For a Swanky Car, Skip the Dealership

Buying a car, like most things that require scads of money, should be fun.

Unfortunately, car dealerships tend to be only slightly more mirthful than dental offices.

For those who aren’t keen on dingy waiting areas stacked with dated magazines, Porsche AG this week began allowing customers to pick up their vehicles at the company’s Los Angeles “Experience Center,” a kind of asphalt-covered Disney World for car nuts.

Instead of a stale cup of coffee, there’s a fine lunch in Restaurant 917.

Rather than an anodyne highway through the urban hinterlands where dealerships cluster, there’s a sinuous track. And in place of a salesman, there’s a professional driving instructor who will spend 90 minutes helping the proud owner put their toy through its paces.

“We’re super-charging customers’ emotions,” says Porsche’s North American Chief Executive Officer Klaus Zellmer.

“It’s this moment of truth when they are getting something they’ve worked for very hard for a very long time.” The company has offered a similar service at its Atlanta Experience Center since 2016.

If the future of retail lies in creating a great experience, Porsche is on to something here. 

The only part of the process that requires a dealership is the initial financial transaction. 

Such delivery programs, however, are nothing new.

The swankiest automakers have long taken a cue from the Godfather movies: If you want to keep someone loyal to the family, invite them into the house.

Porsche has offered vehicle “delivery” at its German factories for decades, as have luxury rivals Audi, Maserati, and Volvo Cars, to name a few. McLaren Automotive buyers at the marque’s U.K. factory are treated to a Champagne toast as a pair of sliding doors open to reveal their car.

James Crawford, a Chicago venture capitalist, had no idea he could pick up his BMW M3 at the company’s plant in Spartanburg, S.C., before spotting the free option and checking the box.

The company has a driving center there with a track to test your new ride.

“The track time was cool, but I mostly remember the presentation,” he recalls. “The car was parked kind of at an angle in this huge bay with polished floors and dramatic lighting.” When Crawford started it up, the navigation system was still programed for Germany.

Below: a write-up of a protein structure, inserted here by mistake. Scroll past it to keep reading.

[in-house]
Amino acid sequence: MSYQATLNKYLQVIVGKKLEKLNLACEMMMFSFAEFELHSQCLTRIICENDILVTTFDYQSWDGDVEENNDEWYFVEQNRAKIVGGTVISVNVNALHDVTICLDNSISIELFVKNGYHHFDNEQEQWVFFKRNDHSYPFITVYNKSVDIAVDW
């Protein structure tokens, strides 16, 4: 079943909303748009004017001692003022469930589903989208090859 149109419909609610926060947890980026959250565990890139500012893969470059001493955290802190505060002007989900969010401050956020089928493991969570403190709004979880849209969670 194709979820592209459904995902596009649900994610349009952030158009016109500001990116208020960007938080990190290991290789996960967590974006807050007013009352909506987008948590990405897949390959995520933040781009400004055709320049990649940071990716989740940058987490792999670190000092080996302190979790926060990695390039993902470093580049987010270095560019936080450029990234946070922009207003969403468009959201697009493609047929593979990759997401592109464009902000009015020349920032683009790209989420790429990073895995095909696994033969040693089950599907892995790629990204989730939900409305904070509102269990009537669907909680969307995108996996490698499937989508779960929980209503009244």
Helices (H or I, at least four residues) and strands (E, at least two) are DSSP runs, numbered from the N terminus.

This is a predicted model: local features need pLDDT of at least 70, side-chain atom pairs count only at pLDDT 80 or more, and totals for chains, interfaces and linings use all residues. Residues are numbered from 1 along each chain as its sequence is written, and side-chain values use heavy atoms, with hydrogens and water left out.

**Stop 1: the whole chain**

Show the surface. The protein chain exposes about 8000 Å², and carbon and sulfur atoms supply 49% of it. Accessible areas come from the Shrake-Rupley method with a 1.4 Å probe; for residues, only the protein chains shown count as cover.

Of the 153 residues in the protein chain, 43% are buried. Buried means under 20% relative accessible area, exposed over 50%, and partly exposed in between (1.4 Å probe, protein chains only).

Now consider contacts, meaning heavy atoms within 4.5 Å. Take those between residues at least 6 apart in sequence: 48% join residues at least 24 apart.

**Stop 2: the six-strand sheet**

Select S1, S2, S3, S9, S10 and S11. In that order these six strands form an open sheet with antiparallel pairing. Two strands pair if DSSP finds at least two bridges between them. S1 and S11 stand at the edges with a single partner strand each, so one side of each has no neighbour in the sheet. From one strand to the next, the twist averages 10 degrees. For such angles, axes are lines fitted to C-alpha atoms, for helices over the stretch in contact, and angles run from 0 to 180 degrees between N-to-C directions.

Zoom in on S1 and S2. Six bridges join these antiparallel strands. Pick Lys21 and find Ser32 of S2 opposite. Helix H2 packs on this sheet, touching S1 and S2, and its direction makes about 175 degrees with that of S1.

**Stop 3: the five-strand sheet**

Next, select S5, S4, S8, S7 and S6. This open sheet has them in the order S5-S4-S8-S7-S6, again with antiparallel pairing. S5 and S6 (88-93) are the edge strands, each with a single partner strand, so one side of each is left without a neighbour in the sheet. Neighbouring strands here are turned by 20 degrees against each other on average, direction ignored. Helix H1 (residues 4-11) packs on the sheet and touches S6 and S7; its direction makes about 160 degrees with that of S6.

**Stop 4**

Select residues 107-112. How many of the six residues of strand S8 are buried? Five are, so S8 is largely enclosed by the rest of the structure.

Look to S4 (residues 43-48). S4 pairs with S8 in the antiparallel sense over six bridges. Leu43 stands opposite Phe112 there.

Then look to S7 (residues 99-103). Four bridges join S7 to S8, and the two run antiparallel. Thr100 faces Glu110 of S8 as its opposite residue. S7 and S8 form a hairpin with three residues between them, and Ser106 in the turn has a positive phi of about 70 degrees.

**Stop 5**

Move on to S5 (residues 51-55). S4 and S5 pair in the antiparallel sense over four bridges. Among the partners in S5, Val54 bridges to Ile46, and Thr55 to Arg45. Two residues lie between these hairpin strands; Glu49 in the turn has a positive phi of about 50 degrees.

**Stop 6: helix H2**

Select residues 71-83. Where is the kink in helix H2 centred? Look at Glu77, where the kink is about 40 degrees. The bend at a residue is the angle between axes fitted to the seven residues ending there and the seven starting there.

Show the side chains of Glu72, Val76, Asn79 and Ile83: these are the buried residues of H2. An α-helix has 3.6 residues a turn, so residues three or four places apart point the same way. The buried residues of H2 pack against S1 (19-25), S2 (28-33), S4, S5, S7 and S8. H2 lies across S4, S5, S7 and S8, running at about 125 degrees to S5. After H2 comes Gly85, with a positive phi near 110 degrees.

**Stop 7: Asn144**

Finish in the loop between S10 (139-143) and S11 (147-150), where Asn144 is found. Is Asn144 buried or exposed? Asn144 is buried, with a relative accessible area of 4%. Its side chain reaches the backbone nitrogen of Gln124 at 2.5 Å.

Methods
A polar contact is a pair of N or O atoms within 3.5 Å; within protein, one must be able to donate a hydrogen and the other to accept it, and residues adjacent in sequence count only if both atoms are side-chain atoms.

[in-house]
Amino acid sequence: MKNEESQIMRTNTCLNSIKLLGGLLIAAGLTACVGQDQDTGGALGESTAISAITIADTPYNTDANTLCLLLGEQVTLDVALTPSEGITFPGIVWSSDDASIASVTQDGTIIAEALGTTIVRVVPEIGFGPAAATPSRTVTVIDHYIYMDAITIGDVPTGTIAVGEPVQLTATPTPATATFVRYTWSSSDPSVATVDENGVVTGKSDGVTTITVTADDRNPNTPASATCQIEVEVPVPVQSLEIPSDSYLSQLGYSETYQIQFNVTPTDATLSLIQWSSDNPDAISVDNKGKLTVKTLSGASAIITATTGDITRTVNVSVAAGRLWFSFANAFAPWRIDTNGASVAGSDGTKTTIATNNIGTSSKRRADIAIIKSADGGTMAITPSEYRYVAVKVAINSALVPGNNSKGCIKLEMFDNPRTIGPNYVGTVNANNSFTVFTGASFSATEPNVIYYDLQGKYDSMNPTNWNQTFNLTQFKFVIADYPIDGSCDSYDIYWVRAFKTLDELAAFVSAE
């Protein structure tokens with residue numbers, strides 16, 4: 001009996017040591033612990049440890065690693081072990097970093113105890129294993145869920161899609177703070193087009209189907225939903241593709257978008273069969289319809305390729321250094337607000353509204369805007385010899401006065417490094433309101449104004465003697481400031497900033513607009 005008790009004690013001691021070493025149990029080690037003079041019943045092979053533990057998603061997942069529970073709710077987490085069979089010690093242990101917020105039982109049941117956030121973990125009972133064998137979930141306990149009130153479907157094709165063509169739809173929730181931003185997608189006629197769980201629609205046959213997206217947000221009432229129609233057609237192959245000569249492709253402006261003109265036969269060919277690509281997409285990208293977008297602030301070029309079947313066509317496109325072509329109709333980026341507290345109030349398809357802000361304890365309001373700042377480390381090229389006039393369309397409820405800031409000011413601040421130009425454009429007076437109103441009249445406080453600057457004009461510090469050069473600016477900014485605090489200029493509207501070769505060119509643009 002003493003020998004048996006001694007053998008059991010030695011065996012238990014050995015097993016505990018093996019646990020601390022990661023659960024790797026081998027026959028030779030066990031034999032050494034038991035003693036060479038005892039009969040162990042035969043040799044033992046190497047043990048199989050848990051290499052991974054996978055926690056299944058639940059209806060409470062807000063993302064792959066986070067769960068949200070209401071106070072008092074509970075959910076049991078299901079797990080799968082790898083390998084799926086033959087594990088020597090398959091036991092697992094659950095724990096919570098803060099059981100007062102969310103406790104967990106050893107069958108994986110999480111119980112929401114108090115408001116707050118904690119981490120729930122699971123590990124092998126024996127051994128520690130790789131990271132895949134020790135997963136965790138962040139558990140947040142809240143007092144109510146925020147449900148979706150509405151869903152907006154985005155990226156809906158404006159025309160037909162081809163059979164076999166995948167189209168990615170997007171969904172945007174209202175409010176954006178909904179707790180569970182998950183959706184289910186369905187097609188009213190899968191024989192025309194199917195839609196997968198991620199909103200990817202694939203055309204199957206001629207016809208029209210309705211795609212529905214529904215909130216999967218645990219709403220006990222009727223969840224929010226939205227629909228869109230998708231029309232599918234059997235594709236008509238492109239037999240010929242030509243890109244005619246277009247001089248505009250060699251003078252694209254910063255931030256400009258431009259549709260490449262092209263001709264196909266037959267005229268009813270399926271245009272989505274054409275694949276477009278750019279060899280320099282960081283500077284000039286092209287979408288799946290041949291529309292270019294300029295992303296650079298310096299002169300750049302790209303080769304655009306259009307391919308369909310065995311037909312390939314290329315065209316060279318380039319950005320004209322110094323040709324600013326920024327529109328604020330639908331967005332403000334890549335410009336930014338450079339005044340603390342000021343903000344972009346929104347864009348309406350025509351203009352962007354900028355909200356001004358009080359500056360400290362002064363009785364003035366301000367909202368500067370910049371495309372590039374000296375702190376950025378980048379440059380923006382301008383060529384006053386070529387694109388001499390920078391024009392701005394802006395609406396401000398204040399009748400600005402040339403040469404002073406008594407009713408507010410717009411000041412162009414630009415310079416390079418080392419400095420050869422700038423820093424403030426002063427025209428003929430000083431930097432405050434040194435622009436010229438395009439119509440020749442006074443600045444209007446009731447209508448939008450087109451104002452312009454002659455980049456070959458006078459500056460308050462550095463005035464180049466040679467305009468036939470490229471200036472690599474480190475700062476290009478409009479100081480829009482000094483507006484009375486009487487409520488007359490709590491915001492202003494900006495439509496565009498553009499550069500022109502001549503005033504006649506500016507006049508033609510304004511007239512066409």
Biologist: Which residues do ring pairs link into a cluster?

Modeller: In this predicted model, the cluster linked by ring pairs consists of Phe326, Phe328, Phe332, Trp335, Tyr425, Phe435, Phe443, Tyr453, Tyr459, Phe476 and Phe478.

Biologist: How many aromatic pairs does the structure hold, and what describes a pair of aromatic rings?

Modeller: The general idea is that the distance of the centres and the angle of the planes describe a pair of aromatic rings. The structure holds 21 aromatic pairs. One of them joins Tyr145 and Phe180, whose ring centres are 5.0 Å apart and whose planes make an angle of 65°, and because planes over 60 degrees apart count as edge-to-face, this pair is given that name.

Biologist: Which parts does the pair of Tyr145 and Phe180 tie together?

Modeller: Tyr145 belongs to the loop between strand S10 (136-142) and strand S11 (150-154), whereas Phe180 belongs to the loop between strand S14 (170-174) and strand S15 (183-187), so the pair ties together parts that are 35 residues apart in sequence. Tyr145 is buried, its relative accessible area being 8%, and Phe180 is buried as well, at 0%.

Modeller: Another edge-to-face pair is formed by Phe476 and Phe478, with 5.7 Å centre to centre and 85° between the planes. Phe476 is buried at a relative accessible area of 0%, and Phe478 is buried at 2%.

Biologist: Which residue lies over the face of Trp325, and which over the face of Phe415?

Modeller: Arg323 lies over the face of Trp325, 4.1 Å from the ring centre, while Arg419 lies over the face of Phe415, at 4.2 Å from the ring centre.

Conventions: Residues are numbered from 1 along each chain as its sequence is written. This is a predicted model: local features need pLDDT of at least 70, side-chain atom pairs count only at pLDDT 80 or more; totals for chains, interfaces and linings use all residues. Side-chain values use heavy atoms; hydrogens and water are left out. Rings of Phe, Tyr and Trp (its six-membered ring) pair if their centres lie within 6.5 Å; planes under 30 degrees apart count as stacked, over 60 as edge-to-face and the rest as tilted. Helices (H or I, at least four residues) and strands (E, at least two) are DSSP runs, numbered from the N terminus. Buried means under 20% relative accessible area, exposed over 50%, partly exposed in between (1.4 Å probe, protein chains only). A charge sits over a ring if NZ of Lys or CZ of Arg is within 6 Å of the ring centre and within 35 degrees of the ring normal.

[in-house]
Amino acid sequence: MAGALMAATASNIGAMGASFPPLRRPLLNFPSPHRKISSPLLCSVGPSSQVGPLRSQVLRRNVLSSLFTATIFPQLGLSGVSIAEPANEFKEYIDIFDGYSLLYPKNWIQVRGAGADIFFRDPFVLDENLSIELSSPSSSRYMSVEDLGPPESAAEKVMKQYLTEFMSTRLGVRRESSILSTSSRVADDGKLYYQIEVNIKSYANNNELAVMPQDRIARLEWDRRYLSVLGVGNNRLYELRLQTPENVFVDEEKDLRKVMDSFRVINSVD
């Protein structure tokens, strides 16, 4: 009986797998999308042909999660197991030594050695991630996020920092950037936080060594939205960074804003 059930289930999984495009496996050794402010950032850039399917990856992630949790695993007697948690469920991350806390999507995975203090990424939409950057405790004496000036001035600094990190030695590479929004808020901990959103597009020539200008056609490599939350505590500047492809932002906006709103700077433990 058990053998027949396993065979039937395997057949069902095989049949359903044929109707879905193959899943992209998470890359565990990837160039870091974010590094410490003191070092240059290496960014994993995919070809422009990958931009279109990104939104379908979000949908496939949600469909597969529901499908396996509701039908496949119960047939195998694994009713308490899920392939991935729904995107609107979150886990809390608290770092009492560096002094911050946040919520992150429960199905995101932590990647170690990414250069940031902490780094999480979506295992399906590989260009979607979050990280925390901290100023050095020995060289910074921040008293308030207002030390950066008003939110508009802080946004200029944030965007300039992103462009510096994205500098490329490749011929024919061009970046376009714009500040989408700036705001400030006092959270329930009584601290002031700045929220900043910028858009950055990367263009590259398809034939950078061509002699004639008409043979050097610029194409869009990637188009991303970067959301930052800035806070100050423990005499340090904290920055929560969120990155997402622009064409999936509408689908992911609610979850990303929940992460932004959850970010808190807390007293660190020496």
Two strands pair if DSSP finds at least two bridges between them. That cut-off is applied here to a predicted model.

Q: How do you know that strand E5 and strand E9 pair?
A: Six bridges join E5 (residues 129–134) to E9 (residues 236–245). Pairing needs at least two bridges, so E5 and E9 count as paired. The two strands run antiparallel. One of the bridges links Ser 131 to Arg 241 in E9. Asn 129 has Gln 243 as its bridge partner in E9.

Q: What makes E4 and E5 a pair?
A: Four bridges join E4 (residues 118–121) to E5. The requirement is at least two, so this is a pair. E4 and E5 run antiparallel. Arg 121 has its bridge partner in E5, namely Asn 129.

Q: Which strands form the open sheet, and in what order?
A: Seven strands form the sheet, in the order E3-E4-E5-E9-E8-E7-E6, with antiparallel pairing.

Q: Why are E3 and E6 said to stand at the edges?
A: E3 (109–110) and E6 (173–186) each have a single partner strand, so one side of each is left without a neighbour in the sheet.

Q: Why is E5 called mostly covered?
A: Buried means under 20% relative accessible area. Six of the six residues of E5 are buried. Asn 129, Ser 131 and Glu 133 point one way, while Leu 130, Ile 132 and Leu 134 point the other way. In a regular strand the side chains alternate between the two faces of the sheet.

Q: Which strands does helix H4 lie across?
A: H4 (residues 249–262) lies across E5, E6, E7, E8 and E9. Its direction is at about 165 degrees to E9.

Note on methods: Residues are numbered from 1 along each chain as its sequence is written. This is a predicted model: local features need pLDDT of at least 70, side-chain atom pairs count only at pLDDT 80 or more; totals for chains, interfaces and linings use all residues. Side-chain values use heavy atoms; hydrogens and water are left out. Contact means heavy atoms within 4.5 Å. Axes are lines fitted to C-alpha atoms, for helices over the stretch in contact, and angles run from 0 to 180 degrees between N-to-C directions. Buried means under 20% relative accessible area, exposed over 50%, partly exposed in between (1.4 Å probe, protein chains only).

For automakers, it’s a logistical challenge, but the hope is that customers like Crawford become loyal ambassadors.

“Since the brand is the most important asset of our business, it makes sense to invest in it,” Zellmer says.

The same logic persuaded Porsche’s U.S. dealers to spend $500 million to upgrade their facilities in recent years.

Your local Porsche store, however, doesn’t have a skid-pad.

No brand has embraced the strategy more completely than Daimler AG’s Mercedes-Benz, which has let U.S. customers pick up new whips in Germany since 1965.

In the years since, about 100,000 Benz customers have taken Daimler up on the offer, at no extra charge save the travel.

To Mercedes, however, the cost isn’t insignificant.

In addition to covering the trans-ocean shipment of the car, Daimler offers a discount of up to 7% to those picking up at the factory and waives the roughly $1,000 delivery fee customers would pay at a dealership.

The return on the program for Mercedes compares favorably to that of a TV commercial or other big-ticket marketing expenses, according to Bart Herring, the company’s general manager of U.S. sales.

“If we can get them interested in European delivery, we think we have them forever,” Herring says.

“There’s just something about being in Germany and having someone explain to you in a German accent how the car was made.”

In Europe, customers who pick up their vehicles are encouraged to drive them on a grand tour, ending at one of several ports where it will be shipped back to their hometown dealership.

Although the cost and logistics are taken care of, including insurance for continental driving, the trans-Atlantic travel can take up to 10 weeks.

That’s one of the reasons relatively few buyers opt for the factory pickup.

Last year, it took Mercedes dealers in the U.S. just three months to sell the same number of cars that have been picked up in Germany in the past half century.

Audi AG, meanwhile, says fewer than 1,000 buyers a year choose the factory pickup, despite the fact that buyers are met at German airports by a chauffeur-driven A8 sedan and granted a free night in a nearby hotel.

Porsche expects about 2% of U.S. buyers this year to get their vehicles in Germany or at one of the U.S. experience centers.

“We’ve never really advertised it,” Zellmer says. “So it’s a bit of an open secret.”


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